Well, that’s not a headline you expected to read. But that is the official story, as charted in the 2012 Annual Report on Fuel Poverty Statistics, published this week (17 May).
The number of households in fuel poverty in England was 4m in 2009: in this latest report covering the year 2010, the numbers had fallen to 3.5m. This seems counter-intuitive as our memory is of cold, hard winters and rising energy prices, but some interesting features emerge about 2010 from the report.
First, it was a cold year, with January, February and December being months with average temperatures well below the norm for the last five years. Household energy consumption rose by about 10%. But energy prices were falling for the first time since 2000 – and of course have increased sharply again since 2010.
Second, incomes for most of the population increased by 2-3%, but for the poorest quintile the increase was 4%. This group includes a large proportion of the fuel poor, and the combination of better incomes and lower energy prices obviously feeds into the fuel poverty calculations.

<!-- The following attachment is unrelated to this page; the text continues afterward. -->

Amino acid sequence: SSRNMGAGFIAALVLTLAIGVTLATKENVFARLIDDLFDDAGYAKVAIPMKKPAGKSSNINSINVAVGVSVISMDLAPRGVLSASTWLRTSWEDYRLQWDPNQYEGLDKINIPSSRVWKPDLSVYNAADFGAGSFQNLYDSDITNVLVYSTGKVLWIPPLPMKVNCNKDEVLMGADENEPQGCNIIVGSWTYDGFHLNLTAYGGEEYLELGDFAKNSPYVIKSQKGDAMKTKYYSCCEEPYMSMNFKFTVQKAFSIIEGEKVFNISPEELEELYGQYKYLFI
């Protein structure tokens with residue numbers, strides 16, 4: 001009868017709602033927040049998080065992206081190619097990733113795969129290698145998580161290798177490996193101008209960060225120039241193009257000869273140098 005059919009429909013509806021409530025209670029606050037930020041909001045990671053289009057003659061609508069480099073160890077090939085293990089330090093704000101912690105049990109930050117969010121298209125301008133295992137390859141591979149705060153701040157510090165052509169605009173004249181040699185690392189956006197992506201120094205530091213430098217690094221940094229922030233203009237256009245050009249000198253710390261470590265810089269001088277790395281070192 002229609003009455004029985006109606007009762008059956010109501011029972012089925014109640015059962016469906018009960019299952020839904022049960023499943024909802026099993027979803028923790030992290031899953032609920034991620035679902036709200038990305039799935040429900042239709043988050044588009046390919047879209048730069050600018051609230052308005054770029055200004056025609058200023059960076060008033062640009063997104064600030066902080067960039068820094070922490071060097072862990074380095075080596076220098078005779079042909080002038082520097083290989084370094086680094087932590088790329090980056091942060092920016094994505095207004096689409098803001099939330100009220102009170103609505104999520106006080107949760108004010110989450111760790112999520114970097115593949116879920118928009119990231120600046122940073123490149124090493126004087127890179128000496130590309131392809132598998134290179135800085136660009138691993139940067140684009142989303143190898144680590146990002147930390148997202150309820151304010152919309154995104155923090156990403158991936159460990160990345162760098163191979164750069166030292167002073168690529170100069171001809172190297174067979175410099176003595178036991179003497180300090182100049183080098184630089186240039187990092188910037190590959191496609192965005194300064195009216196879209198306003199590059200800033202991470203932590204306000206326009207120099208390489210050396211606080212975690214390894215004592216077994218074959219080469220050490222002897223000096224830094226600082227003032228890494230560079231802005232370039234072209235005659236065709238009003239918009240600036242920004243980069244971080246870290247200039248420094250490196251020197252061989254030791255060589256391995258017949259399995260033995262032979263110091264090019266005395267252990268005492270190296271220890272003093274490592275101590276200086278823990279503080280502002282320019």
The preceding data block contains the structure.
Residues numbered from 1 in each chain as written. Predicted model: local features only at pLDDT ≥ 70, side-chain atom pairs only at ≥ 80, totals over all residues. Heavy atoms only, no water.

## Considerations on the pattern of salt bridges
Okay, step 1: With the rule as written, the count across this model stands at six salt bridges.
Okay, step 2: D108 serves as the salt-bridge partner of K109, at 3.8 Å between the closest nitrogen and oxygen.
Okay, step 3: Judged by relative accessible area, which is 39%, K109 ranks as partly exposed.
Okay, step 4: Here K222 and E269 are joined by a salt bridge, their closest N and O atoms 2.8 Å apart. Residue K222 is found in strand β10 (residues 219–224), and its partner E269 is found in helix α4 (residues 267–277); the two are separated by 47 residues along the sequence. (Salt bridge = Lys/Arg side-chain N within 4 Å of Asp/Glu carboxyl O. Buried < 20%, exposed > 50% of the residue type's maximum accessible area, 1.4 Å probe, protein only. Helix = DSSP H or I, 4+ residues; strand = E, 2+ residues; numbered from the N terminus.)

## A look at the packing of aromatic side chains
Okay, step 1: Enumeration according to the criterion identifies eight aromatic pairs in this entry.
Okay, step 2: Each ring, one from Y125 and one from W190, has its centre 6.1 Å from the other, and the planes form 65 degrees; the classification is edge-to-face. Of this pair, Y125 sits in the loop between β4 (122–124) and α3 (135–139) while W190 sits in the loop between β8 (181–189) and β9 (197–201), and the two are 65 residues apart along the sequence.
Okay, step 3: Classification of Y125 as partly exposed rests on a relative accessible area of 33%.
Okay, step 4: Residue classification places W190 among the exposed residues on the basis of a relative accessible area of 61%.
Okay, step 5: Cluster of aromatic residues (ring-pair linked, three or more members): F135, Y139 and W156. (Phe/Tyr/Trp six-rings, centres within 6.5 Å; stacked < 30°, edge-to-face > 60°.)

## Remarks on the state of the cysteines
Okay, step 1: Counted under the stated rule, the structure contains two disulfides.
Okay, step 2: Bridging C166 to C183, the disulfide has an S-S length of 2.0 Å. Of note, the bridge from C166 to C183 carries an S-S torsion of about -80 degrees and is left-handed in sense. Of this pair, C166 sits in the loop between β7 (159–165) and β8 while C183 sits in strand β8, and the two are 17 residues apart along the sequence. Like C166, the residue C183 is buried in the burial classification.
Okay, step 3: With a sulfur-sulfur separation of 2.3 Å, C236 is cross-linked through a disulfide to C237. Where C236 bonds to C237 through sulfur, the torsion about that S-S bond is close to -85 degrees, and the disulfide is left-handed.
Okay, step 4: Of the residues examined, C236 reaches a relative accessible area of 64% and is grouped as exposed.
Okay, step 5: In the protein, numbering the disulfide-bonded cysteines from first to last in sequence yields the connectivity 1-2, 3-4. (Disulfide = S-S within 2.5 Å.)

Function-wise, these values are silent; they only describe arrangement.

Third, there was a startling improvement in the energy efficiency of our housing stock. Households with gas fired condensing boilers grew from 24% to 32%, and this more energy efficient equipment contributes to the story of an unusual year. The proportion of households in the upper four bands (out of seven) on the scale measuring energy efficiency rose from 52% to 57%. Since then, the Warm Front programme has been drastically scaled down, reducing that option for a lot of fuel poor households.
In fairness, ministers are not presenting these figures as a policy triumph. Their projections for 2011 and 2012 see fuel poverty numbers resuming their upward rise. The task of eradicating the scourge of fuel poverty (with its associated misery, illness and even death) remains a daunting one, and older households are very much in the front line. This time next year, with the next Annual Report, we will probably be delving into the thesaurus to find synonyms for depressing, lamentable or disgraceful.